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Fans Of Chinese Painting

Fans of Chinese Painting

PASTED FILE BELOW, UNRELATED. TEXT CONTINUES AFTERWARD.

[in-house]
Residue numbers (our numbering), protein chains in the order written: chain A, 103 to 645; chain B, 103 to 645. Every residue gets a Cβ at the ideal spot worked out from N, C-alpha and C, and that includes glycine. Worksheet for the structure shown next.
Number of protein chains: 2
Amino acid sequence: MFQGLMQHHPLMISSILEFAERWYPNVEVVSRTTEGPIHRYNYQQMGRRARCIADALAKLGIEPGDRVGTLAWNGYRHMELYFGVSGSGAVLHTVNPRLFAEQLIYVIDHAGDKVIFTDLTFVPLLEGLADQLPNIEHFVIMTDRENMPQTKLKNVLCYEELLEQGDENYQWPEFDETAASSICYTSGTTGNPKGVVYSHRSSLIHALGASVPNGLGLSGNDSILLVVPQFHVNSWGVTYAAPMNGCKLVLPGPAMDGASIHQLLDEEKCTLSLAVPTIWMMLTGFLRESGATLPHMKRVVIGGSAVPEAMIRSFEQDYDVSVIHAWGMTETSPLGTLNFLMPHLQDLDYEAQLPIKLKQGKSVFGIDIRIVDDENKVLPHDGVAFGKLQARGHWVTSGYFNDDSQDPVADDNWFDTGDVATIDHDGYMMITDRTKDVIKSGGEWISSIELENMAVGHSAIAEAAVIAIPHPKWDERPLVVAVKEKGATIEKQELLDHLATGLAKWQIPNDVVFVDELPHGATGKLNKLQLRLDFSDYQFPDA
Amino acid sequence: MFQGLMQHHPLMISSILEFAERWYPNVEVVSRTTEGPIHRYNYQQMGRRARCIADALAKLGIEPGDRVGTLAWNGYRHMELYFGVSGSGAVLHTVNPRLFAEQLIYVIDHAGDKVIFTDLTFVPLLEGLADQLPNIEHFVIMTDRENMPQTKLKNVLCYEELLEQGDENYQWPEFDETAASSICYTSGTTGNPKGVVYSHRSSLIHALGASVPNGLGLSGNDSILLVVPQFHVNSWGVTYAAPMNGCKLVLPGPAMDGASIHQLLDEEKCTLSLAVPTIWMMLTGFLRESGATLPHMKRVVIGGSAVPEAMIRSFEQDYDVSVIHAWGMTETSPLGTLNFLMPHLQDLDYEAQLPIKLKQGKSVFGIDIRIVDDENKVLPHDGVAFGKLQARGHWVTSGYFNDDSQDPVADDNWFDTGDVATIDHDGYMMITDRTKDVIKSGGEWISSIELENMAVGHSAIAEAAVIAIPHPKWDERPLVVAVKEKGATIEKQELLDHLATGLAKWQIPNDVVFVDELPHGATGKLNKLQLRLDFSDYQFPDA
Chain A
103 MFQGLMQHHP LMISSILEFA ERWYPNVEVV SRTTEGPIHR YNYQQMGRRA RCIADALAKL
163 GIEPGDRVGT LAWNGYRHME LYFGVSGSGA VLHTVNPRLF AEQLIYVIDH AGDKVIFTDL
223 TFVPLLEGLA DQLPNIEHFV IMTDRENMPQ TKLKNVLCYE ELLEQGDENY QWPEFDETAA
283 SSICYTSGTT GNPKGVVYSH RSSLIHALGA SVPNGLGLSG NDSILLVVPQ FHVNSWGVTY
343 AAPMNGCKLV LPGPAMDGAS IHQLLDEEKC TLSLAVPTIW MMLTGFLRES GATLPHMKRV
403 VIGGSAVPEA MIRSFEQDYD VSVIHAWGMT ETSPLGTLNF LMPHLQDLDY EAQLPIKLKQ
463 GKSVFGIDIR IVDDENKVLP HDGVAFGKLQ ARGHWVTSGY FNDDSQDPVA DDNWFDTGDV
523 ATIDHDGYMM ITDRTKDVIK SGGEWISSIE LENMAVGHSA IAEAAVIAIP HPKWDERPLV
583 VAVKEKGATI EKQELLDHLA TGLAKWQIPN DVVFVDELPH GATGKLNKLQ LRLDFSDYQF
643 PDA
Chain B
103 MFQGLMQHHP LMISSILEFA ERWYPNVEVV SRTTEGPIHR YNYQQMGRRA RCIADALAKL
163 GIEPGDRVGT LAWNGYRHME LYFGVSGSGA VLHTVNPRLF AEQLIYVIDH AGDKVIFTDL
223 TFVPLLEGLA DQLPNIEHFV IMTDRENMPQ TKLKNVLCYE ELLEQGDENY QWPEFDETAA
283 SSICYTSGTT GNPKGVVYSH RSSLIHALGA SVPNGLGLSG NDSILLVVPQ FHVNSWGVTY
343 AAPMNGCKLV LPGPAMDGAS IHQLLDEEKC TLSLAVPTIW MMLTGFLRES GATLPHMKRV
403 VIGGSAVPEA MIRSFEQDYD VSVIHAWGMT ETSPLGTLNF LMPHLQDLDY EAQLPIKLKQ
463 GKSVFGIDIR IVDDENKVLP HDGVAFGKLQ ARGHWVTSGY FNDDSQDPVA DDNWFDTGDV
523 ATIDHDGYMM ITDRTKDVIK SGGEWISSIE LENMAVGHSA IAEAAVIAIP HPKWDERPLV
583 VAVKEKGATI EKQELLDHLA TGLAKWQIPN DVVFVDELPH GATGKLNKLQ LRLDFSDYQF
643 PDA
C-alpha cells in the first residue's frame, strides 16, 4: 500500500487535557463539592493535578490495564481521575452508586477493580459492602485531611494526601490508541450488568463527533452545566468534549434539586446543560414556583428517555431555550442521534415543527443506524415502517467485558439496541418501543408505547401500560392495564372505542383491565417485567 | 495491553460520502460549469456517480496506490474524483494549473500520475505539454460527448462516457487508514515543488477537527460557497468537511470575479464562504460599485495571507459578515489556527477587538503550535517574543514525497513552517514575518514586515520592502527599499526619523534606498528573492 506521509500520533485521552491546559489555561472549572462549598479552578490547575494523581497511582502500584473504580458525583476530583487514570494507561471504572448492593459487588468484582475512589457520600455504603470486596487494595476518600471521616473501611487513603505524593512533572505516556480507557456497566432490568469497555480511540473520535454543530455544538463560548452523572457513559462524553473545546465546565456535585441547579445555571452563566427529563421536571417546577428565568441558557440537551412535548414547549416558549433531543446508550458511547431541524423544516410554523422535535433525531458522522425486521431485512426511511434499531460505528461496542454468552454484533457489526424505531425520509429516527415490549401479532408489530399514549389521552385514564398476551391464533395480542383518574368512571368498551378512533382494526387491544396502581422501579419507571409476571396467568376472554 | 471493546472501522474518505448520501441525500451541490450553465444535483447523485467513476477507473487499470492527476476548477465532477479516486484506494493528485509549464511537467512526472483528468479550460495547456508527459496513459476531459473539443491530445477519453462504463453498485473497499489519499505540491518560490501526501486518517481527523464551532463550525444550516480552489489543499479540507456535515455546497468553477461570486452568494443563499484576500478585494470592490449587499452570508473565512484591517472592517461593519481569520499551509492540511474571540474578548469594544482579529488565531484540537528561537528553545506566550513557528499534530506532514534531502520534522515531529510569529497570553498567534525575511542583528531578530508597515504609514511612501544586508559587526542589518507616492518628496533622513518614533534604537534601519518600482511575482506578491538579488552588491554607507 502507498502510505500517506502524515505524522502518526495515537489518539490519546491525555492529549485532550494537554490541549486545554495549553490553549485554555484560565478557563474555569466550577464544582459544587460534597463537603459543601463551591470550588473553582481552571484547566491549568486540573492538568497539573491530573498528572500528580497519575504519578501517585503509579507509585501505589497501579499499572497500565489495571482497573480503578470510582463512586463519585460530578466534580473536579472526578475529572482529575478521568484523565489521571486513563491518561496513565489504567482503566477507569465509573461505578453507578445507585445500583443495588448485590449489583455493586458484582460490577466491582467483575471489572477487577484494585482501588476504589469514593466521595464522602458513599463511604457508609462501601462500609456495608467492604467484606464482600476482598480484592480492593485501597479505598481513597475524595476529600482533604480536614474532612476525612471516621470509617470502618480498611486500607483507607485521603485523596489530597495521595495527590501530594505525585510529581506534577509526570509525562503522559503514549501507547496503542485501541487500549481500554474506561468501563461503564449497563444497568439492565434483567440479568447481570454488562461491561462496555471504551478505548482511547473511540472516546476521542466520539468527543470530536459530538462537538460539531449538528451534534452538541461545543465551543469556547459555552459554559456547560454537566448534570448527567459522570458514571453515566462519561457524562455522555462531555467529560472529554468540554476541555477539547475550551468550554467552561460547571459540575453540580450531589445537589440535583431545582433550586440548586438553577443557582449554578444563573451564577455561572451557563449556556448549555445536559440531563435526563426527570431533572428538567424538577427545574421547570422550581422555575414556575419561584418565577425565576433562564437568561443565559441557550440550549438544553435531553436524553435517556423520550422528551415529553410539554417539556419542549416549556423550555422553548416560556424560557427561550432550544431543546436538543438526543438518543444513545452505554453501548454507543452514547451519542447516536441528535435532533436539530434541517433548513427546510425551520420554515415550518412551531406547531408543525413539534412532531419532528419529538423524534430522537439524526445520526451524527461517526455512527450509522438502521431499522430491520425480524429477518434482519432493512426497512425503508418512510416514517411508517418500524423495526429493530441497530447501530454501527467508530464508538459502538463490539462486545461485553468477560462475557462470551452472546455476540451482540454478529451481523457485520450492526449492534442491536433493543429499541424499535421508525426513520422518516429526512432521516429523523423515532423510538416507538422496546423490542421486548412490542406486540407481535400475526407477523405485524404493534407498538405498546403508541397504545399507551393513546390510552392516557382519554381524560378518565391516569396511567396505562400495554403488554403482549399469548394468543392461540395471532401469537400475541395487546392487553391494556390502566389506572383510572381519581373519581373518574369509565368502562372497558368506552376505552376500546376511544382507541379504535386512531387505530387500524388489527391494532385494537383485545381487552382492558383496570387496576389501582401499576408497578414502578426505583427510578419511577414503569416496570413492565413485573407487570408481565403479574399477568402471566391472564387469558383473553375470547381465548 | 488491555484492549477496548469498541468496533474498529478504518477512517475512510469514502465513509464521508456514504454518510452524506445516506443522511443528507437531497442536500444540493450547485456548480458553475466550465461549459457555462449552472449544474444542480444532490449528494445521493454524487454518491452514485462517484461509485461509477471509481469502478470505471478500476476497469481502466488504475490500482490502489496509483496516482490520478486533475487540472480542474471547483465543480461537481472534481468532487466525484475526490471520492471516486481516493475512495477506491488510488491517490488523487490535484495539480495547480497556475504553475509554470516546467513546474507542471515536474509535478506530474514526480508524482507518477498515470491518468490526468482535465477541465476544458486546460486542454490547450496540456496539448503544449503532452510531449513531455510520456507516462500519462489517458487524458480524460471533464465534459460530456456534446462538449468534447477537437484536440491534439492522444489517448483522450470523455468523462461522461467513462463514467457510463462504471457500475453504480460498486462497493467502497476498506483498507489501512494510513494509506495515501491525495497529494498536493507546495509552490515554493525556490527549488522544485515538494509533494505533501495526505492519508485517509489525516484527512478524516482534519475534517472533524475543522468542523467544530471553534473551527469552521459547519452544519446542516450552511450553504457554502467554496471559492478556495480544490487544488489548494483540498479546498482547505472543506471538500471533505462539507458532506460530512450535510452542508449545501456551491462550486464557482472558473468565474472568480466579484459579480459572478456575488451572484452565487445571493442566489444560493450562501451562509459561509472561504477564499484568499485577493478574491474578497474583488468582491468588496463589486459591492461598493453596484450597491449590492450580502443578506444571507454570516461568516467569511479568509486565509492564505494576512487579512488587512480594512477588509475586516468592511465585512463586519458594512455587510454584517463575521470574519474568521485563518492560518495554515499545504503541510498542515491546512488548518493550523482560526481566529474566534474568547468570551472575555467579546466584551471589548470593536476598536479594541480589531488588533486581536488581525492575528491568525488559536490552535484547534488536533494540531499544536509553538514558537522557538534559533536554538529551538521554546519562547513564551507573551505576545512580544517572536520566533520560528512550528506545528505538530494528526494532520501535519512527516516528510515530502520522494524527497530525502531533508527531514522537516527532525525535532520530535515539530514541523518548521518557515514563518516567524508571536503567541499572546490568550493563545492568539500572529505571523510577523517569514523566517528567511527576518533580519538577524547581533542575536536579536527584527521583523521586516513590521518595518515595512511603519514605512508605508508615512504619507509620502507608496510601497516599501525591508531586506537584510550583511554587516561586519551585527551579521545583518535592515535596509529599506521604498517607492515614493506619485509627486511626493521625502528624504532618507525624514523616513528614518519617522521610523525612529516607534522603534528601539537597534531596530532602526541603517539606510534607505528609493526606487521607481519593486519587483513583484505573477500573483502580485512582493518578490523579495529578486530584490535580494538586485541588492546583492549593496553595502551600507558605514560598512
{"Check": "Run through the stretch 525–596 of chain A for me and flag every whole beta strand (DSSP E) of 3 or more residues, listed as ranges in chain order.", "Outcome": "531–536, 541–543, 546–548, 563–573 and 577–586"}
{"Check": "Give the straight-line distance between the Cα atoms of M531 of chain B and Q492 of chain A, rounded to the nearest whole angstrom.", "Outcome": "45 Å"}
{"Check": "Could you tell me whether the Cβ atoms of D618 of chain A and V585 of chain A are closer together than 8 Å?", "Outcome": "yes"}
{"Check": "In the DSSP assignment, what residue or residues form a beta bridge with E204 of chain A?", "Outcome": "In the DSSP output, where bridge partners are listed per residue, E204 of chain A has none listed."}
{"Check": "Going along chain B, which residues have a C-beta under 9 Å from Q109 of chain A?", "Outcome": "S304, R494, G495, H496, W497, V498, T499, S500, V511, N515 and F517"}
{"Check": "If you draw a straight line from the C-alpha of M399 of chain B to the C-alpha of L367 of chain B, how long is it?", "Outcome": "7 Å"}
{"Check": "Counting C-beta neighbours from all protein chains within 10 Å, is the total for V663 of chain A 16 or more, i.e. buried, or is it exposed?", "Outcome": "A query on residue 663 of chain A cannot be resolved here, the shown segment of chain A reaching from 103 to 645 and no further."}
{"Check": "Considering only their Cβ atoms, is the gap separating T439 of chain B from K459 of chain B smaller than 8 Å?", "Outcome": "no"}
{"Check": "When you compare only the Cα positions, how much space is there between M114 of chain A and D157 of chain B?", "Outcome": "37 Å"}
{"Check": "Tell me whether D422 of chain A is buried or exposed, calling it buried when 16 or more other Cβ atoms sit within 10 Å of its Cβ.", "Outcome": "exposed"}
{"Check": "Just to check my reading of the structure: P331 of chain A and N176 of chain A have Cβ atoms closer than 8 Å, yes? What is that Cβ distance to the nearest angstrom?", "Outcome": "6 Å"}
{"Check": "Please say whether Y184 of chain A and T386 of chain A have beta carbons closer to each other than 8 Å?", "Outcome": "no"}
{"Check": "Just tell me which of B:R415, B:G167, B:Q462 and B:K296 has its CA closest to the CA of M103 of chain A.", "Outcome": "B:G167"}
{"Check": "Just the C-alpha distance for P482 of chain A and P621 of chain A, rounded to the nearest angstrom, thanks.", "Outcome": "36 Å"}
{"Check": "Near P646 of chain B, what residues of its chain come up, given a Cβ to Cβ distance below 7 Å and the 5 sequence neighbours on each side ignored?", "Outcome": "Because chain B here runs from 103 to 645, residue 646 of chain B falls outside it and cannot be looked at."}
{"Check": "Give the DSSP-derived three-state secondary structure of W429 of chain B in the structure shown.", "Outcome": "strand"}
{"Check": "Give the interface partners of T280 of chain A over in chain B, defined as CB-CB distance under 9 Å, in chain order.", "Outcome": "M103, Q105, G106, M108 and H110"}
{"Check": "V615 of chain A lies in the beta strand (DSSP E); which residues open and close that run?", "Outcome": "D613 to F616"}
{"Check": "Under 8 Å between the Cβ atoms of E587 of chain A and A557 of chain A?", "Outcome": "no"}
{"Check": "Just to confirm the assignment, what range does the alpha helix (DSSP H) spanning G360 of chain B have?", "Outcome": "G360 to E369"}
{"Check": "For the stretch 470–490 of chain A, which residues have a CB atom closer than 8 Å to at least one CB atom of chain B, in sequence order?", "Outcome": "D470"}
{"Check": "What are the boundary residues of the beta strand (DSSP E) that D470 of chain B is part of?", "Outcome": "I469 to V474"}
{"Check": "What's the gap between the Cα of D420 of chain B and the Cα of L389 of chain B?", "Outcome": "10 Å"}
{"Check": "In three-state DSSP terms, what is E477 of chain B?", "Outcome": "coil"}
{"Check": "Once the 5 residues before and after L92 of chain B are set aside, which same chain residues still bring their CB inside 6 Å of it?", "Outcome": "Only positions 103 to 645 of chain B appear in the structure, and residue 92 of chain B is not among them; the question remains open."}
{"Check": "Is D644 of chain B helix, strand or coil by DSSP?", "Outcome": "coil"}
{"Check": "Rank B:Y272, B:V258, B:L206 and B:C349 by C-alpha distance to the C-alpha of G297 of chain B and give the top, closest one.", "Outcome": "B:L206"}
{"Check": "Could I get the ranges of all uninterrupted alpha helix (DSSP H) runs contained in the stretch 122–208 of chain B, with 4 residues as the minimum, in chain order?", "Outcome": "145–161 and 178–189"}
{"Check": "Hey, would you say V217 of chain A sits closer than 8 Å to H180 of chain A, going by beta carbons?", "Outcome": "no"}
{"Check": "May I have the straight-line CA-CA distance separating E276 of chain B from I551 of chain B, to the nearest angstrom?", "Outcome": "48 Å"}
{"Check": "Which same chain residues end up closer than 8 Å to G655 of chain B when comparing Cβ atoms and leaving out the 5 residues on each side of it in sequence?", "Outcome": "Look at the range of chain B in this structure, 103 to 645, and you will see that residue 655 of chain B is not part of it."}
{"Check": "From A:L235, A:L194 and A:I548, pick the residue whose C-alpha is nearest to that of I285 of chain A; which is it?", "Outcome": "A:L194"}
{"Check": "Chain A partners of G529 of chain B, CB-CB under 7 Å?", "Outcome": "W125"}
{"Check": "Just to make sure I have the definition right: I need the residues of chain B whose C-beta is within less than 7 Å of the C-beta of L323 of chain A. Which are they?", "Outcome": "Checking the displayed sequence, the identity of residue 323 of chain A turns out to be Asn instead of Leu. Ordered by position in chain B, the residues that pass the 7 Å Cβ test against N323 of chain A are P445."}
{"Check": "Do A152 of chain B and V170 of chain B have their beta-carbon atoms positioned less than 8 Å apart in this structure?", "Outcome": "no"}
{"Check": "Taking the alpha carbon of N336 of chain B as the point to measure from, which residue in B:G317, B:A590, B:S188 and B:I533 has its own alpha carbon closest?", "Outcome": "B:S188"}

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To complement the momentous exhibition of Chinese painting at the Victoria and Albert Museum, London, entitled Masterpieces of Chinese Painting, 700-1900, we are pleased to return to Asian Art in London with Fans of Chinese Painting, an exhibition devoted exclusively to the Chinese painted fan. Figural and bird-and-flower subjects are represented in the show, but landscapes clearly dominate the selection. The paintings range in date from the Song and Yuan dynasties, when various flat fans, generally known as round or screen-type fans, were in vogue, to the Ming and Qing dynasties known particularly for the production of folding fans. The exhibition concludes with works from five contemporary artists. The pre-modern fan paintings in the exhibition are actual fans that were intended for use as fans but are now mounted as either hanging scrolls or simply matted and framed. The contemporary artists, on the other hand, utilized the time-honored fan shapes as formats for their individual creations in honor of the early tradition. The exhibition well illustrates the brilliant solutions of artists challenged particularly by the unusual spatial world of the folding fan. The folding fan appears to have been introduced to China from Japan already during the 10th century and literary records indicate that by the 12th century, during the Song dynasty, such utilitarian fans could become veritable works of art through the paintings produced on their surfaces, a practice known to have been current during the 12th century in Japan through a number of surviving examples. The fan format is highly prized by discerning Chinese collectors but is also well suited to Western taste since the framed works of art are conveniently displayed and easily stored and preserved.

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